Apparently not. I actually fell asleep while this was cooking, only to be woken by my husband later with the worried face of a man who knew that if he wasn’t careful with his wording there’d be two types of nuts boiling in the pan.

“I know you asked me to keep checking on it, and I did. But I left the lid off for a bit and when I went back…well…I’m sorry, but it’s turned into a bit of a gruel…”

Introducing a new and exciting type of food: regurgitated gruel! Coming to a bin near you!

It really had. I’ve never written a cookbook, least of all a cookbook designed to convert the doubting masses to a new style of eating, but I’m fairly sure using the word ‘gruel’ to describe a dish is advertising suicide. No matter, it wasn’t finished yet. Maybe this was meant to happen, remember I had been meant to leave this to simmer for six hours (though I’d only managed four) – what did Mrs Mill expect to happen?!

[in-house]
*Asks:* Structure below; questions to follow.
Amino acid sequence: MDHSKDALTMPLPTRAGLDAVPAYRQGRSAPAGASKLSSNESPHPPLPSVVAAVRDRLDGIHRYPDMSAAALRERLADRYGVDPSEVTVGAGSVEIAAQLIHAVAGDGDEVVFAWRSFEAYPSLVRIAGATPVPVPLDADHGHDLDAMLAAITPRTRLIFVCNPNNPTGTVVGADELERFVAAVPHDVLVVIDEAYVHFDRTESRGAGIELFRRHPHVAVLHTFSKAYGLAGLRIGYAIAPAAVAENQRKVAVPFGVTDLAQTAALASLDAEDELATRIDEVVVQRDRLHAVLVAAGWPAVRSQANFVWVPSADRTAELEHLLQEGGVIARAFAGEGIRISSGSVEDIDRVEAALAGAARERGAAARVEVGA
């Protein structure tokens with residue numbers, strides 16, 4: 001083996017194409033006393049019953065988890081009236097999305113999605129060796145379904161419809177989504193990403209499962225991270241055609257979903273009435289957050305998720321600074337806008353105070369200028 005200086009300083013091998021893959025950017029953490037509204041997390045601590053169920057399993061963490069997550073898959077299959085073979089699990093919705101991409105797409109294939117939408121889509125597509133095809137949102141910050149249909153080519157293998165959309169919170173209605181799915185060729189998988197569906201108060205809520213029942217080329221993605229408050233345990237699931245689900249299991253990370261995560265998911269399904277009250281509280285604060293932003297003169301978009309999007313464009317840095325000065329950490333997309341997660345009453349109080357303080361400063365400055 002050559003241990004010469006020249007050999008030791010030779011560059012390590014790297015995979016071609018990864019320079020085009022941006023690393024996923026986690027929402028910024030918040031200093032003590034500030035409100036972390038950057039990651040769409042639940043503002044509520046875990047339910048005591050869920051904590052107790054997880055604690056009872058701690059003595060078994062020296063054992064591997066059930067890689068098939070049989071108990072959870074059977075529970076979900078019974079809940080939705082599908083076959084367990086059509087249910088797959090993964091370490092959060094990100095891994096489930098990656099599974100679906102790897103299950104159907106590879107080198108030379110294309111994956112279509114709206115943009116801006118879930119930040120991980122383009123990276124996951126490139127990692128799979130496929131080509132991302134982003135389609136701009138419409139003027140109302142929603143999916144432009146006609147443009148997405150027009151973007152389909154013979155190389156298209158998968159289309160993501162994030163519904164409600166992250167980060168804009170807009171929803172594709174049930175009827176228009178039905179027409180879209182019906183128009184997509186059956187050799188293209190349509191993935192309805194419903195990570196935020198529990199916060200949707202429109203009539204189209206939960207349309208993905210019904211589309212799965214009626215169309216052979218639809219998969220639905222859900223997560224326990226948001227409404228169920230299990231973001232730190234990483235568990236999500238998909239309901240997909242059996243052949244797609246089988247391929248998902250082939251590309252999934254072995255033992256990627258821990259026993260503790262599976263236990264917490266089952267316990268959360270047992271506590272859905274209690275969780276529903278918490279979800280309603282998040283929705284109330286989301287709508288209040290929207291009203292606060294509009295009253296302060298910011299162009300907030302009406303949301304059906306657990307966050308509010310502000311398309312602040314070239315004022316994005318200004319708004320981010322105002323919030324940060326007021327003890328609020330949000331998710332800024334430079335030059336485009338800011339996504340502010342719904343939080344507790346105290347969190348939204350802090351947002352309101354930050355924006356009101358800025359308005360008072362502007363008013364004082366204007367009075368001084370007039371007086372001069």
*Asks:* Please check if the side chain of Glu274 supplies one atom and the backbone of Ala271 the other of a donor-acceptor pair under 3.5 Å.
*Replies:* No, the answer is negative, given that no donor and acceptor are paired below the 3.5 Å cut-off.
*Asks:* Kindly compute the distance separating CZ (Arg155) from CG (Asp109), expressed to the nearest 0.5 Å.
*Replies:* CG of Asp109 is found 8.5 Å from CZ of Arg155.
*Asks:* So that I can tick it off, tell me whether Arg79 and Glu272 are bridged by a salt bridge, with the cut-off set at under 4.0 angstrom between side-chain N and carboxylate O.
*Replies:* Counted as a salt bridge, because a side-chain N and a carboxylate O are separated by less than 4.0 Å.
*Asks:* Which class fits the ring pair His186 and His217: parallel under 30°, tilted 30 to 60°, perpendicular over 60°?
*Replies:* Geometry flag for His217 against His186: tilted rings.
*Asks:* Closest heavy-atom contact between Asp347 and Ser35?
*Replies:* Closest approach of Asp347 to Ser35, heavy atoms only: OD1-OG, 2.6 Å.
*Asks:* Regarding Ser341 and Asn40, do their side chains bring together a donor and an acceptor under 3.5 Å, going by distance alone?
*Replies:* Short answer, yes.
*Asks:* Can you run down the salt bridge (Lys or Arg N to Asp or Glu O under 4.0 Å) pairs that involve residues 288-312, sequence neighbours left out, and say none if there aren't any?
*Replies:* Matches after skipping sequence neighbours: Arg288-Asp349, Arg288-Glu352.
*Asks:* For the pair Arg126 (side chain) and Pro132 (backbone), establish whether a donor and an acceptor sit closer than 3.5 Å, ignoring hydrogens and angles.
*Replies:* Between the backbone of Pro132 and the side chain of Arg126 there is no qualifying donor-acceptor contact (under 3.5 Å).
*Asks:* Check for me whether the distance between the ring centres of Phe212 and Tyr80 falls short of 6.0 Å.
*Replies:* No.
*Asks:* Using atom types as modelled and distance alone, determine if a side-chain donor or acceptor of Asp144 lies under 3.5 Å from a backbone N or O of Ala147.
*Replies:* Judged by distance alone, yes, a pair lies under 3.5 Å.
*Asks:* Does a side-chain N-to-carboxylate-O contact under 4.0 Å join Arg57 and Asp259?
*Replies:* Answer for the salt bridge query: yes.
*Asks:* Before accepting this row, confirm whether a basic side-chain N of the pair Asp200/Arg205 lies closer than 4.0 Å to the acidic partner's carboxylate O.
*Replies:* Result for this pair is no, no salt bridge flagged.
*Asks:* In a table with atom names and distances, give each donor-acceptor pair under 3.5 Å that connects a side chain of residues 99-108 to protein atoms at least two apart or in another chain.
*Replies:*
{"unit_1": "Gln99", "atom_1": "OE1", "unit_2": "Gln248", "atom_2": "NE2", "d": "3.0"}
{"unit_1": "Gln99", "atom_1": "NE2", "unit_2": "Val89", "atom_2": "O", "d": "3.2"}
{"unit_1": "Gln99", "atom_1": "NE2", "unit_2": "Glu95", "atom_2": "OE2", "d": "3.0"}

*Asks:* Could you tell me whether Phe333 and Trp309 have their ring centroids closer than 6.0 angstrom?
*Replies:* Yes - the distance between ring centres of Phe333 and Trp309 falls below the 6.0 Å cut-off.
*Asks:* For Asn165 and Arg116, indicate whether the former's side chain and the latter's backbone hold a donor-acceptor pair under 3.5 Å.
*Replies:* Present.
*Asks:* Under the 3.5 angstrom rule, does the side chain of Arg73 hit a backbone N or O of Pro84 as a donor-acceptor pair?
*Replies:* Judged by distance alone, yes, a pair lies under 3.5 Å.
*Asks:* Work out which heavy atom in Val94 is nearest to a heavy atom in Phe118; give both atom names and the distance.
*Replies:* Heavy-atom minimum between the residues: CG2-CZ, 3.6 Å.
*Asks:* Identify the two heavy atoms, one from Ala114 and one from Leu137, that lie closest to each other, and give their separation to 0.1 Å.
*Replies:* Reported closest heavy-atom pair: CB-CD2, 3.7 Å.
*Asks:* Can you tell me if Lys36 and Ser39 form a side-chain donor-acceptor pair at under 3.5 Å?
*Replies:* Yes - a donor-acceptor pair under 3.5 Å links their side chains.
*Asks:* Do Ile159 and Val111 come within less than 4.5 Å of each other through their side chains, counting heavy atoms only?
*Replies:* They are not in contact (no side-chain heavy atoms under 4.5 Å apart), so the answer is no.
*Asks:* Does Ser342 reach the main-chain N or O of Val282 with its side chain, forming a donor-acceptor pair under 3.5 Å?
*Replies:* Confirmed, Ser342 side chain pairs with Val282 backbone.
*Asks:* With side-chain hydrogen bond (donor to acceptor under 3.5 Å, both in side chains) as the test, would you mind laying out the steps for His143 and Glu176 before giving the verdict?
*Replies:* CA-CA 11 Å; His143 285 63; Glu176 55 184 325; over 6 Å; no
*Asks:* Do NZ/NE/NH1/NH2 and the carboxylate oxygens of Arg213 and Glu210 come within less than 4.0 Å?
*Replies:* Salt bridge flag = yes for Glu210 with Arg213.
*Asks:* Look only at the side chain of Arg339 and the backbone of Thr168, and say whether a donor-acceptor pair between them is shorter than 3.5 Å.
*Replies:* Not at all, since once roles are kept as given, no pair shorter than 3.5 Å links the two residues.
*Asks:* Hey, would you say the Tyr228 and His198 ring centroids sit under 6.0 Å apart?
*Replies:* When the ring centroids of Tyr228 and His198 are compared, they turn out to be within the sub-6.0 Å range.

To the gruel I added a pint of whole milk and gradually stirred it in. As I did so the gruel eased up a little and became much more like a thick stew. I added a bit more milk so I could strain it through a colander and added some chopped parsley. Though the soup now looked a whole lot more appetising and I was fairly sure this would taste quite pleasant, I made my husband try it first as his punishment for gruel-ifying it in the first place. He took a sip…

…and pulled a face.

It turns out that when you roast and then simmer brazil nuts for four hours they take on a distinctly mushroom-y flavour. Kind of earthy and rich. I felt a bit betrayed by Mrs Mill; I’d deliberately picked this soup because it was meant to be a new taste and more importantly contained no mushrooms. But here it was, slopping about in the bowl acting like the world’s most successful mushroom soup understudy.